Hexlock features very minimal advertising. The only ad I saw was a single banner on the PIN/pattern entry screen, and that’s it. Plus it doesn’t pack any bloatware, adware or spyware.
Most other applocks I have used in the past had plenty of ads strewn everywhere, on the PIN entry screen, the configuration screen, between transitions and what not. Moreover some of them even download or send you push ads every few minutes draining your battery to zero in a matter of an hour or two. Some popular applock developers (I guess you know who I’m pointing to) even went ahead and popped in a a cleaner, an app killer and a battery manager right into the applock even when they had other dedicated apps on the Play Store for that purpose. I mean, why even try? An app should do what it has to do. Nothing more, nothing less. I don’t expect an app lock to clean my cache. Nor do I want my backup management app to work as a web browser. One app should achieve one goal and that’s it. I don’t want an additional cache cleaner when I have one already. There is a reason why different apps are made, unless you’re trying to make an all-in-one toolbox and market it as such. Developers trying to market an all-in-one tool as an applock only shows their unprofessionalism. As a *nix purist, I frown upon this attitude.
Hexlock does one job, i.e., protecting your apps and does it extremely well, without any nonsense. And since it does exactly that and nothing else, it is light on the CPU and doesn’t drain the battery excessively. If one doesn’t like the single advertisement in the entire app, one can go ahead and get rid of it as well for a mere 2 cents (yes, I bought it right away! ;)).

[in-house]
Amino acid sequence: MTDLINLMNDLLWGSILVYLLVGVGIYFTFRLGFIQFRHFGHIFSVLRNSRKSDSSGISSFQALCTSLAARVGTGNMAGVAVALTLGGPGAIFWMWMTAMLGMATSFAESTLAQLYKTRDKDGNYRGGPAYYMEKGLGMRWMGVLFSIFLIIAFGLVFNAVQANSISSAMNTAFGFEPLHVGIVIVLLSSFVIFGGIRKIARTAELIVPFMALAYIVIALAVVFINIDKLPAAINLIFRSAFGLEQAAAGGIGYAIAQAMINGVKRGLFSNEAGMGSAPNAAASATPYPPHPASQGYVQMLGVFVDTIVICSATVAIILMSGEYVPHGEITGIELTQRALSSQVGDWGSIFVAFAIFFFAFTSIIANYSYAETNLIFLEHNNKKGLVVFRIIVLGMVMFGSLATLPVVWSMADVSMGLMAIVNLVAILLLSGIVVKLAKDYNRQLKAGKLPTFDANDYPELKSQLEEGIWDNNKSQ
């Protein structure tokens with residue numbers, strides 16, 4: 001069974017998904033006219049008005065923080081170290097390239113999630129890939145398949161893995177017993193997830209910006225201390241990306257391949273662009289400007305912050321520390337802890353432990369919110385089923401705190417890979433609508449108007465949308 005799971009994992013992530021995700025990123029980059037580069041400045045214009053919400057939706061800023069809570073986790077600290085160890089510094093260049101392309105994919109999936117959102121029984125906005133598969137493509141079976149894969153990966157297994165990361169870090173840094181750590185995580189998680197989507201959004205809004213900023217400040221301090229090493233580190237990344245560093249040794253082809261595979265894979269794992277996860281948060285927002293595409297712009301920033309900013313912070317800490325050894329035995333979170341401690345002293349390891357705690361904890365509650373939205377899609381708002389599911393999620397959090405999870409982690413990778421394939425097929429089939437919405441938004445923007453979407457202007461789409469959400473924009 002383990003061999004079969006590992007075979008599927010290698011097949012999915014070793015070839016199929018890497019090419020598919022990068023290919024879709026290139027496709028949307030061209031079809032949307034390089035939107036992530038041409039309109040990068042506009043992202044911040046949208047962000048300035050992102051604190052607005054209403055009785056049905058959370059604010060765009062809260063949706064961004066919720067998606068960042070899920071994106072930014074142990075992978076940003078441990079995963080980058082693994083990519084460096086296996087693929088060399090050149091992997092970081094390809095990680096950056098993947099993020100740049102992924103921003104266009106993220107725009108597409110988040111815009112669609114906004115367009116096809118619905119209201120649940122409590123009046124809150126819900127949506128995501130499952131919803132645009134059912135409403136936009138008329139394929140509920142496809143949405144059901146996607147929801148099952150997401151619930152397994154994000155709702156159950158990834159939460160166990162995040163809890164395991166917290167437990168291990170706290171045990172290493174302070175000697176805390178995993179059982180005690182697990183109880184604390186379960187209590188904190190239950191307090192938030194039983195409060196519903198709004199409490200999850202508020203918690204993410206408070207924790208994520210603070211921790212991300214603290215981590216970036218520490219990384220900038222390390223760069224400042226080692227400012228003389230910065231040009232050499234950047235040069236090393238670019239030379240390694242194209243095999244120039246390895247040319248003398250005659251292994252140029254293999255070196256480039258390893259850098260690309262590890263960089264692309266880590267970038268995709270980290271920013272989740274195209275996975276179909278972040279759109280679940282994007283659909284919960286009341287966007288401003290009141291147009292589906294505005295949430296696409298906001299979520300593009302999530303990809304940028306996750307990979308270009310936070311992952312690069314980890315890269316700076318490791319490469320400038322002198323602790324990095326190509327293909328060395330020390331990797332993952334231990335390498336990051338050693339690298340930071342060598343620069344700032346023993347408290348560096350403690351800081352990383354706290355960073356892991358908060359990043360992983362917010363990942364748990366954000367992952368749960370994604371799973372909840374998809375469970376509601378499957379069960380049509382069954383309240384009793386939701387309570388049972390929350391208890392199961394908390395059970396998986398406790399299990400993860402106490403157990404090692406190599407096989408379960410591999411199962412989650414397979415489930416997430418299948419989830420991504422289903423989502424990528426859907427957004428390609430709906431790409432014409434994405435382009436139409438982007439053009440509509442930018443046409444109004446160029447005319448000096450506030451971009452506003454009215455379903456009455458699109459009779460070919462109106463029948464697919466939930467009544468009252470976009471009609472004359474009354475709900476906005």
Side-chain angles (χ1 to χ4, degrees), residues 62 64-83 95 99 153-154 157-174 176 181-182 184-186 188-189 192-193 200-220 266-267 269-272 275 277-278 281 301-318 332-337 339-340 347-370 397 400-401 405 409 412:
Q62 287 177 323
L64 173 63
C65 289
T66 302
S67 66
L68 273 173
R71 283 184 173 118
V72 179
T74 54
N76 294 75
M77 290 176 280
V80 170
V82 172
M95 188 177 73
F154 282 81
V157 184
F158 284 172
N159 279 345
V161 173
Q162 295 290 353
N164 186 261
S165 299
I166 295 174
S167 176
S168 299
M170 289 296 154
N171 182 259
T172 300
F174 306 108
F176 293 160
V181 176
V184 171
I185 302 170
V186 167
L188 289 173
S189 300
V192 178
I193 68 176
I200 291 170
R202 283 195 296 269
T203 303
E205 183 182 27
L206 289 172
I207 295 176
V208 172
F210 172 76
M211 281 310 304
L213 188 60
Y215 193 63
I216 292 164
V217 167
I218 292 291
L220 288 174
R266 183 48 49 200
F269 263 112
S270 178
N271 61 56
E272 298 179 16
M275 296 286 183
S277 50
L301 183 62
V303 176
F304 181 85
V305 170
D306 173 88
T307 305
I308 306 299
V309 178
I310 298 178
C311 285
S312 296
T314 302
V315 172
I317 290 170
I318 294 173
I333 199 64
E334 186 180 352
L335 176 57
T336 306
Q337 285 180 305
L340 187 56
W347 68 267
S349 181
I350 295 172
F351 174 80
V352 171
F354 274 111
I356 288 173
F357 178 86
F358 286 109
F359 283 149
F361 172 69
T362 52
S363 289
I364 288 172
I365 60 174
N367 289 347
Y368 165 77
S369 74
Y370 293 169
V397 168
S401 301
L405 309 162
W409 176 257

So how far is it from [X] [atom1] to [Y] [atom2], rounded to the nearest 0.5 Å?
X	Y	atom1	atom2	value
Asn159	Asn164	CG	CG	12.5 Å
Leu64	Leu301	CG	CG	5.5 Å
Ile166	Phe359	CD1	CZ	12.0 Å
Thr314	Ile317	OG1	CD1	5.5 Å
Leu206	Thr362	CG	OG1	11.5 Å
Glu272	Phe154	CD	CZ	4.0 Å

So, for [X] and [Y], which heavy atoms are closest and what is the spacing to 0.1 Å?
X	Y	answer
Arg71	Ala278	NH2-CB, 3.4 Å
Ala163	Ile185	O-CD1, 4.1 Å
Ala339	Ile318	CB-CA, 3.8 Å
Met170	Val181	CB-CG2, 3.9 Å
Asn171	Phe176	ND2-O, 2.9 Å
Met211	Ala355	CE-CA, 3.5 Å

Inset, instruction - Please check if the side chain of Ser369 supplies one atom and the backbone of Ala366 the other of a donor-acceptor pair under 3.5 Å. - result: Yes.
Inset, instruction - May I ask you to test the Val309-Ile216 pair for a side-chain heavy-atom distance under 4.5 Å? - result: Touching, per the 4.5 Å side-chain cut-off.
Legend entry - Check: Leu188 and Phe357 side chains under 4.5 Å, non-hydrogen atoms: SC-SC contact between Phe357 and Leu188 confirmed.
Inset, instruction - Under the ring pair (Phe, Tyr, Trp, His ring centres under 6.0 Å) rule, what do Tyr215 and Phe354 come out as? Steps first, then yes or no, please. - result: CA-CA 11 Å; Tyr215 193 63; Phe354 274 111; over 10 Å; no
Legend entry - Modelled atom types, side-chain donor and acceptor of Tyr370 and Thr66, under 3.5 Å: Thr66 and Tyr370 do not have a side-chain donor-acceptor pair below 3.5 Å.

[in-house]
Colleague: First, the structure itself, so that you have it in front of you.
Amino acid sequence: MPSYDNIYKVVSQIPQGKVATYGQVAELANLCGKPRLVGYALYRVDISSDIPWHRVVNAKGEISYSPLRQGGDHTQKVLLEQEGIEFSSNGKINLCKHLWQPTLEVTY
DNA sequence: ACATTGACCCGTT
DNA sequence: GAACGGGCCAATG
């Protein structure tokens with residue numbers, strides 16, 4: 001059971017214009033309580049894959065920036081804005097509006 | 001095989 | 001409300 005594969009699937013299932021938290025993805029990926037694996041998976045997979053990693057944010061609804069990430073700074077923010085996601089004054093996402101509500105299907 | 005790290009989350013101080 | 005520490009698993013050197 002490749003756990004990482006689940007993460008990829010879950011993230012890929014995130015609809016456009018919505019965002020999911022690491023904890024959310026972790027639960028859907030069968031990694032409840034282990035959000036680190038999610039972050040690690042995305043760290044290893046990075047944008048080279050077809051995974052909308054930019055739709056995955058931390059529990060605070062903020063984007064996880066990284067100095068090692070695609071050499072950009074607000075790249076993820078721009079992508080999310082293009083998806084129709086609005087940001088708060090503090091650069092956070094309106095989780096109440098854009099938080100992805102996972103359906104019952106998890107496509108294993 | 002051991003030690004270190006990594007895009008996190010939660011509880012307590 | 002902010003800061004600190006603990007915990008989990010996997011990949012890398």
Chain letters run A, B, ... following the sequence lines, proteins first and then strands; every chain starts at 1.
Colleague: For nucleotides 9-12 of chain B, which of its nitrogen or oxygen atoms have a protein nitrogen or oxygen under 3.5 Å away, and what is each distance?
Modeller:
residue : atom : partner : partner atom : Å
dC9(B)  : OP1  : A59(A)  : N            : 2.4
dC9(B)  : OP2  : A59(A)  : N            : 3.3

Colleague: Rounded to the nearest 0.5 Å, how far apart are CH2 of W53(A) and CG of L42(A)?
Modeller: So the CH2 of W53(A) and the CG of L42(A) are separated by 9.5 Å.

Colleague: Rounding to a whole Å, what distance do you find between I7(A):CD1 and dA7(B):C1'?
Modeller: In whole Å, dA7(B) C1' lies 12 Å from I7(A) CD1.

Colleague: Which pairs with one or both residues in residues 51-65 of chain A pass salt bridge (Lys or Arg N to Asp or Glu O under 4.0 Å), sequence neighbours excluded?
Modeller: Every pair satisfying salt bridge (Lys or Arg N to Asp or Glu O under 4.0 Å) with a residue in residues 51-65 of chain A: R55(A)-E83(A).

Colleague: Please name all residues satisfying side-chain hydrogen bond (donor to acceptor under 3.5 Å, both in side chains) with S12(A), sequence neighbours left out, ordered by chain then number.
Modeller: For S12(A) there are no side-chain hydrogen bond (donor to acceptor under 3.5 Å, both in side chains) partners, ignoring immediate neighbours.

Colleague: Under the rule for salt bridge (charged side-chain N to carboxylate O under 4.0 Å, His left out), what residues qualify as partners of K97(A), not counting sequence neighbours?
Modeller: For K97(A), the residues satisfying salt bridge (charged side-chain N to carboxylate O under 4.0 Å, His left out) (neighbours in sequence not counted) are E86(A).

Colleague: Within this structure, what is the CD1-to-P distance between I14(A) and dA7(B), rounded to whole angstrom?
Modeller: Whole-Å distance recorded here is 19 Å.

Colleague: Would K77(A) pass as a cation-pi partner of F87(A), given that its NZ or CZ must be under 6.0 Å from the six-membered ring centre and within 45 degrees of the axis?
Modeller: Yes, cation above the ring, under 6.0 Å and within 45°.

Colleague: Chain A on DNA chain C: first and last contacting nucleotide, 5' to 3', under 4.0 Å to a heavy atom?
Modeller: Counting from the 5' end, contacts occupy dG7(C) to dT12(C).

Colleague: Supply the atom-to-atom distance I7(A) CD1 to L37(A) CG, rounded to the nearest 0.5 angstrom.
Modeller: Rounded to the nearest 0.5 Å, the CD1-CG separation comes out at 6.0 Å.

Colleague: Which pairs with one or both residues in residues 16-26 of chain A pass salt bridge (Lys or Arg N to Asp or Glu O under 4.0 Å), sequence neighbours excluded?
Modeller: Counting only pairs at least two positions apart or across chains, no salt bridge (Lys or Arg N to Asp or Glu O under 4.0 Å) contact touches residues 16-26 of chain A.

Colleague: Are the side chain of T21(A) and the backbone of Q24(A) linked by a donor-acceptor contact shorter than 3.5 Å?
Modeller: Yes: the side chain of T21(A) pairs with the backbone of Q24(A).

The Media Vault worked perfectly well in my test and I can vouch that it is works as intended and its not a gimmick.
Overall, Hexlock managed to impress me thoroughly as I have never seen an UX on an applock of this level.
- Extremely easy to use
- Great UI and UX
- Minimal advertising (can also be made ad-free for 2 cents)
- No bloatware, no adware, no spyware, no crapware
- Light on CPU and battery
- Doesn’t lag when trying to guard a protected app
- Supports profiles, auto activation via WiFi network
- Can guard itself from auto-uninstallation
- Allows ample lock screen customization options and lock timeouts
- There is a hard limit of 6 on the number of profiles and the number of icons
- Missing time-based profile activation feature
Hexlock is one applock that can be considered the epitome of app design. Clean design, easy usage, lightweight are some attributes I can assign to it. It works very swiftly and doesn’t lag when protecting apps. Supporting PIN, pattern and fingerprint authentication, it supports all the easiest unlock options. It also has extensive support for location-based profiles, can guard against uninstallation and provides extensive lock screen customization. It has minimal advertising and zero bloatware. The only thing I disliked is the hard limit of 6 profiles and 6 profile icons and the lack of time-based profile activation. If the drawbacks are sorted out in the next few app updates, then Hexlock more than deserves to be the no. 1 applock in the Play Store.
What is your favourite Android applock? Let us know in the comments below.